Remembering the Original Dancing With the Stars
CINCINNATI, April 27 /PRNewswire/ — Decades before there was a Dancing with the Stars, there was a network television show that ran for 11 years that was all about dancing with the famous.
Arthur Murray and his wife Kathryn, starred from 1950 to 1961 on The Arthur Murray Party, which featured guests like movie idol Errol Flynn, Merv Griffin, Eva Gabor, singer Connie Francis, comic genius Groucho Marx and first lady of the theater Helen Hayes. Celebrity winners received prizes like a trip to Europe, a sports car, or a giant bottle of Arpege. And while the glitz and glamour of a weekly television show was being featured on camera, Arthur and Kathryn’s daughter Jane sat in the wings, a witness to the spectacle, a passenger on the celebrity train that ran for that decade.
Now, daughter Jane Murray Heimlich is reminiscing about those days in her memoir Out of Step (Orange Frazer Press, $24.95). The book is now available wherever books are sold.
“There are some amazing moments on those shows, and I don’t think I’m being overly proud by saying that it was the type of show that paved the way for shows like Dancing with the Stars,” said Heimlich.
Jane, now an author and respected expert in homeopathy (having written two of the seminal books on the topic), had a second brush with fame when her husband, a little-known chest surgeon named Henry Heimlich, invented a first aid technique that would later be named for him–The Heimlich Maneuver. Having lived in the spotlight of celebrity both as a child and as an adult, Jane has a unique perspective on the celebrity-driven world of today.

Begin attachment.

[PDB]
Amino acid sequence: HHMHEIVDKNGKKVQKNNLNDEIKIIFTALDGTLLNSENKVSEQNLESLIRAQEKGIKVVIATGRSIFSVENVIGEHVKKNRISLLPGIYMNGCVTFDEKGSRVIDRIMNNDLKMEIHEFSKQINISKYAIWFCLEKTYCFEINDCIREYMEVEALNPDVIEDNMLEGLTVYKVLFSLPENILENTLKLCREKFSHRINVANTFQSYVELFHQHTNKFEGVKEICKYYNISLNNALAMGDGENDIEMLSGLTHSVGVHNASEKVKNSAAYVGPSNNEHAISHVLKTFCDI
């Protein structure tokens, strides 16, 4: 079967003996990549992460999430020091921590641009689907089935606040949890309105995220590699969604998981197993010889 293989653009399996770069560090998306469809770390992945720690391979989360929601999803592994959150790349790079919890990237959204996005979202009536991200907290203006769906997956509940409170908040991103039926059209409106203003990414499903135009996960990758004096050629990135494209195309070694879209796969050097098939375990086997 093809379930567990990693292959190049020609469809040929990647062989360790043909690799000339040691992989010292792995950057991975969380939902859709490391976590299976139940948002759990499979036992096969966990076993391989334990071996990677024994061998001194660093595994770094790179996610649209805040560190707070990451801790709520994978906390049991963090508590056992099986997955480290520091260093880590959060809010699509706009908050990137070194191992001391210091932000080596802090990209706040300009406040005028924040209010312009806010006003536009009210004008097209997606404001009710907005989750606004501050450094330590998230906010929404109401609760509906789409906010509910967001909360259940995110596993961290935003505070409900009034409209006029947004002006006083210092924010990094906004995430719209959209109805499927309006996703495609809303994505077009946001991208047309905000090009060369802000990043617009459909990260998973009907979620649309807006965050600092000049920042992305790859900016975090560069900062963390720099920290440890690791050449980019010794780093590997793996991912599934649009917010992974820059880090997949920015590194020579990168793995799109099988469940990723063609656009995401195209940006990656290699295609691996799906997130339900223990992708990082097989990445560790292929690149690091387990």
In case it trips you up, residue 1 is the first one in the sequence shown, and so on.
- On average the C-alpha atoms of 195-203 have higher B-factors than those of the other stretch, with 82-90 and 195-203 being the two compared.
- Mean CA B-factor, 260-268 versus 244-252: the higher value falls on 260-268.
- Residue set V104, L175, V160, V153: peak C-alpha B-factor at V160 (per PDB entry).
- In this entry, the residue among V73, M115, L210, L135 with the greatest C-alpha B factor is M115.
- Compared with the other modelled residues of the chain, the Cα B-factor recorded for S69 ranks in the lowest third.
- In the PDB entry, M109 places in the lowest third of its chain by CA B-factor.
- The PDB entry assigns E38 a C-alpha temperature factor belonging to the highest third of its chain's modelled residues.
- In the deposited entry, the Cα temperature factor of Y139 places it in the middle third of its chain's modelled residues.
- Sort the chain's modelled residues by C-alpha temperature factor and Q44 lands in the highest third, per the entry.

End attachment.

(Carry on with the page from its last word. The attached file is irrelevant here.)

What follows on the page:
“It wasn’t always rosy,” she added. “My father was a perfectionist, and his demanding nature earned him the nickname “The Monster of Television.” Still, I grew up surrounded by amazing talent. I even received a satirical note from Groucho Marx when it became known I was marrying Henry. He lamented that he always felt that he and I would be together one day, and then warned me to make sure that all of Henry’s nurses were ugly. How many people can say they’ve received wedding congratulations of that caliber?”
For more information about the book contact Sarah Hawley of Orange Frazer Press. 937.382.3196 or visit www.orangefrazer.com.
SOURCE Orange Frazer Press